July 30 coronavirus news

By Nectar Gan, Adam Renton, Emma Reynolds, Ed Upright, Melissa Macaya and Meg Wagner, CNN

Updated 12:00 a.m. ET, July 31, 2020
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6:43 p.m. ET, July 30, 2020

Coronavirus cases in Connecticut increase among young people

From CNN’s Alec Snyder

Gov. Ned Lamont
Gov. Ned Lamont CT-N

Connecticut has seen a notable increase in coronavirus rates among 10 to 19 year olds, Gov. Ned Lamont said at a news conference on Thursday.

He said the rates have “doubled.” 

Lamont blamed the spike on kids drinking and partying, and cited the potential risks to other families and teachers, if or when kids return to school. He went on to say that parents need to make sure their children are following safe protocols.

"The power of shame is greater than anything I can do by edict or punishment," the governor said.

On schools: Lamont also said he is leaving it up to school districts to determine what they want to do with respect to in-person or hybridized learning, with a likely emphasis on more in-person schooling for younger kids.

Any school or district that wishes to opt out of any in-person schooling will have to present its case before the education commissioner, he said.

Lamont said there have been at least six new deaths since the last update and approximately 13 new hospitalizations.

6:32 p.m. ET, July 30, 2020

Brazil records roughly 58,000 new coronavirus cases

From Rodrigo Pedroso in Sao Paulo

Brazil's health ministry reported 57,837 new cases of coronavirus Thursday, bringing the country's total to 2,610,102.

The ministry also reported 1,129 new deaths from the virus, bringing Brazil's death toll to 91,263.

Some context: This new data was released after President Jair Bolsonaro's press office announced today that Brazil’s first lady, Michelle Bolsonaro, tested positive for Covid-19. 

On Saturday, the president tested negative after several positive tests.

6:43 p.m. ET, July 30, 2020

White House chief of staff "not very optimistic" there will be agreement on a "comprehensive bill"

From CNN's Manu Raju and Ali Zaslav

Mark Meadows, White House chief of staff, speaks to members of the media at the U.S. Capitol in Washington, on Thursday, July 30.
Mark Meadows, White House chief of staff, speaks to members of the media at the U.S. Capitol in Washington, on Thursday, July 30. Al Drago/Bloomberg/Getty Images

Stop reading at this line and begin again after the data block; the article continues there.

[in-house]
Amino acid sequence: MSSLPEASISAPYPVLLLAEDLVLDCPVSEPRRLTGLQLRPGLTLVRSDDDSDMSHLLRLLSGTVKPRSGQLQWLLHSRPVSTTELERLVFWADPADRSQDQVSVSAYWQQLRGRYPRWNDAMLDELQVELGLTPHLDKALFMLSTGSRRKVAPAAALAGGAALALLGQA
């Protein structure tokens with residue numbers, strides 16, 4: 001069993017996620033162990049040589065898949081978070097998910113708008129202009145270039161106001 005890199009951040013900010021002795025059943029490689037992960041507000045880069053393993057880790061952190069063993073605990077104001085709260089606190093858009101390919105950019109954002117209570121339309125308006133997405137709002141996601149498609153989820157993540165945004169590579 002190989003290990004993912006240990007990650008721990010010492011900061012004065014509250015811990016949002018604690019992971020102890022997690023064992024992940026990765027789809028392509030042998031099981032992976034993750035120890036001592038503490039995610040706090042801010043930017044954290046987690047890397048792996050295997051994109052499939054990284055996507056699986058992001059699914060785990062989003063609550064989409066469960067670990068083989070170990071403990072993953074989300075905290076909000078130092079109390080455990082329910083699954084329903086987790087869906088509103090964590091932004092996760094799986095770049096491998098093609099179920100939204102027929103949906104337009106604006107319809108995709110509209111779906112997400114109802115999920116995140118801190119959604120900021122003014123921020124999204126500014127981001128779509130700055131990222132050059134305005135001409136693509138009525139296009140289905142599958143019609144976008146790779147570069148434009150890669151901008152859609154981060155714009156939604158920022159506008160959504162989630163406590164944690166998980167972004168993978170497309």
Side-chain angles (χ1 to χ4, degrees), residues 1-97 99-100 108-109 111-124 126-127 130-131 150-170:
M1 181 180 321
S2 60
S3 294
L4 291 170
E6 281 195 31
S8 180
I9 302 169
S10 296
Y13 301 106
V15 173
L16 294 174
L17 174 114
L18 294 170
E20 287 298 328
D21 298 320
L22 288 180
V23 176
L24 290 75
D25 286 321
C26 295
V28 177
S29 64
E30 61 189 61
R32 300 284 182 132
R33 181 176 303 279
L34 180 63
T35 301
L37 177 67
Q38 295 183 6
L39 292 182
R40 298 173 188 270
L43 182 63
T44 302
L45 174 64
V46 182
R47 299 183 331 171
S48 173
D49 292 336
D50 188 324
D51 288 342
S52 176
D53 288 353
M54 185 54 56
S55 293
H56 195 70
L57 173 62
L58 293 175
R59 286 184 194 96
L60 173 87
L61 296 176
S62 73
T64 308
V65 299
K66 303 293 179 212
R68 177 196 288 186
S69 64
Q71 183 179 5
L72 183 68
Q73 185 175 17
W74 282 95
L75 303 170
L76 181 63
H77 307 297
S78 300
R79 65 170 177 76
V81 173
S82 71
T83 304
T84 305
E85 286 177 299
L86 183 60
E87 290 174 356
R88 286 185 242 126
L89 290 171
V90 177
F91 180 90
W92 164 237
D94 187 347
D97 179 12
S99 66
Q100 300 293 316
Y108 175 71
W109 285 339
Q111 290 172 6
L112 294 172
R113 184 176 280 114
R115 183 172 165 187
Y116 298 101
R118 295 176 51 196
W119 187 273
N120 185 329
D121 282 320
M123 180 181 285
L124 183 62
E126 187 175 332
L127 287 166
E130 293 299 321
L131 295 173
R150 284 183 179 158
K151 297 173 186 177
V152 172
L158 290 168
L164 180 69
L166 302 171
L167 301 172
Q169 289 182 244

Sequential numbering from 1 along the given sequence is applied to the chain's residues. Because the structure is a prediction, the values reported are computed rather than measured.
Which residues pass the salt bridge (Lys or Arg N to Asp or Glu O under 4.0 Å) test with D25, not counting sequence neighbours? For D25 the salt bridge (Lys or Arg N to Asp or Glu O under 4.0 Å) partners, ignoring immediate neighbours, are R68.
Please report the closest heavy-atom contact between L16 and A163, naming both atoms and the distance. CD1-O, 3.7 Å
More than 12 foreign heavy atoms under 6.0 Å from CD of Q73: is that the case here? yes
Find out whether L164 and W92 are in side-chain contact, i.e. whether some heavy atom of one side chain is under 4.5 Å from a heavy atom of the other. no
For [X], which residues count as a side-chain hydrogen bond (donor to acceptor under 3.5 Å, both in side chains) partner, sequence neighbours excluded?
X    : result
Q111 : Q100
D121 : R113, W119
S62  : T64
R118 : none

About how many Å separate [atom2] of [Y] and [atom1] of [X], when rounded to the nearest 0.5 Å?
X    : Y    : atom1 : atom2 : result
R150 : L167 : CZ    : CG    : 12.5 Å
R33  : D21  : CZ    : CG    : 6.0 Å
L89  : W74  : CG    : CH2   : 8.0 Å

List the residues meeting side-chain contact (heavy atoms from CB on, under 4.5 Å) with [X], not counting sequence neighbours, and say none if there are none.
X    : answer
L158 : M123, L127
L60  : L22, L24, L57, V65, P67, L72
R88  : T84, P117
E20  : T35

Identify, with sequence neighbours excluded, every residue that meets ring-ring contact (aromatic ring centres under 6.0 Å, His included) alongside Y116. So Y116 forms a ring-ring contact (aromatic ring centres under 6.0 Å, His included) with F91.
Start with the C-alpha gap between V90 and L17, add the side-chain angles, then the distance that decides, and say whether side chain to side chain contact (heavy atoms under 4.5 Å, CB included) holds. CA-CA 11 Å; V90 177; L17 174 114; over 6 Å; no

White House chief of staff Mark Meadows told reporters Thursday he is “not very optimistic that we will have any kind of an agreement on a comprehensive bill in the near future."

Asked to clarify what he meant by near future, he replied, “I’m not even optimistic about next week.”

Meadows talked with reporters for more than 20 minutes at the US Capitol Thursday amid stalled negotiations over the next stimulus bill, as senators left for the weekend and federal unemployment benefits expire tomorrow.

Watch here:

6:14 p.m. ET, July 30, 2020

Trump: A permanent shutdown is "not a viable long-term strategy" for the US

Evan Vucci/AP
Evan Vucci/AP

President Trump said shutting down the economy "to achieve a temporary reduction in cases is certainly not a viable long-term strategy for any country" as coronavirus continues to spread across the country.

"The scientific path forward is to protect those at highest risk while allowing those at lower risk to carefully return to work and to school with appropriate precautions," he said at a news briefing on Thursday.

"A permanent shutdown would no longer be the answer at all," he added.

He said the purpose of the shutdown was to flatten the curve and to develop treatments and therapies.

"We have done that," Trump said, but warned the virus "can come rearing back when you least suspect it."

Trump said moving forward, it is important to protect elderly people and those with health conditions that put them at higher risk for complications.

"You want to protect the elderly and socially distance. Wear a mask if you cannot socially distance and practice vigorous hygiene. Everyone – even healthy young people – should be taking extraordinary care to avoid infecting those at the highest risk from this terrible disease," he said.

Watch here:

6:04 p.m. ET, July 30, 2020

Trump pays his respect to Herman Cain who died from Covid-19

From CNN's Nikki Carvajal

Evan Vucci/AP
Evan Vucci/AP

President Trump expressed his sadness over the death of Herman Cain, who passed away from Covid-19 after spending nearly a month in the hospital with the virus.  

“He was a very special person, and I got to know him very well,” the President said during a news briefing this afternoon.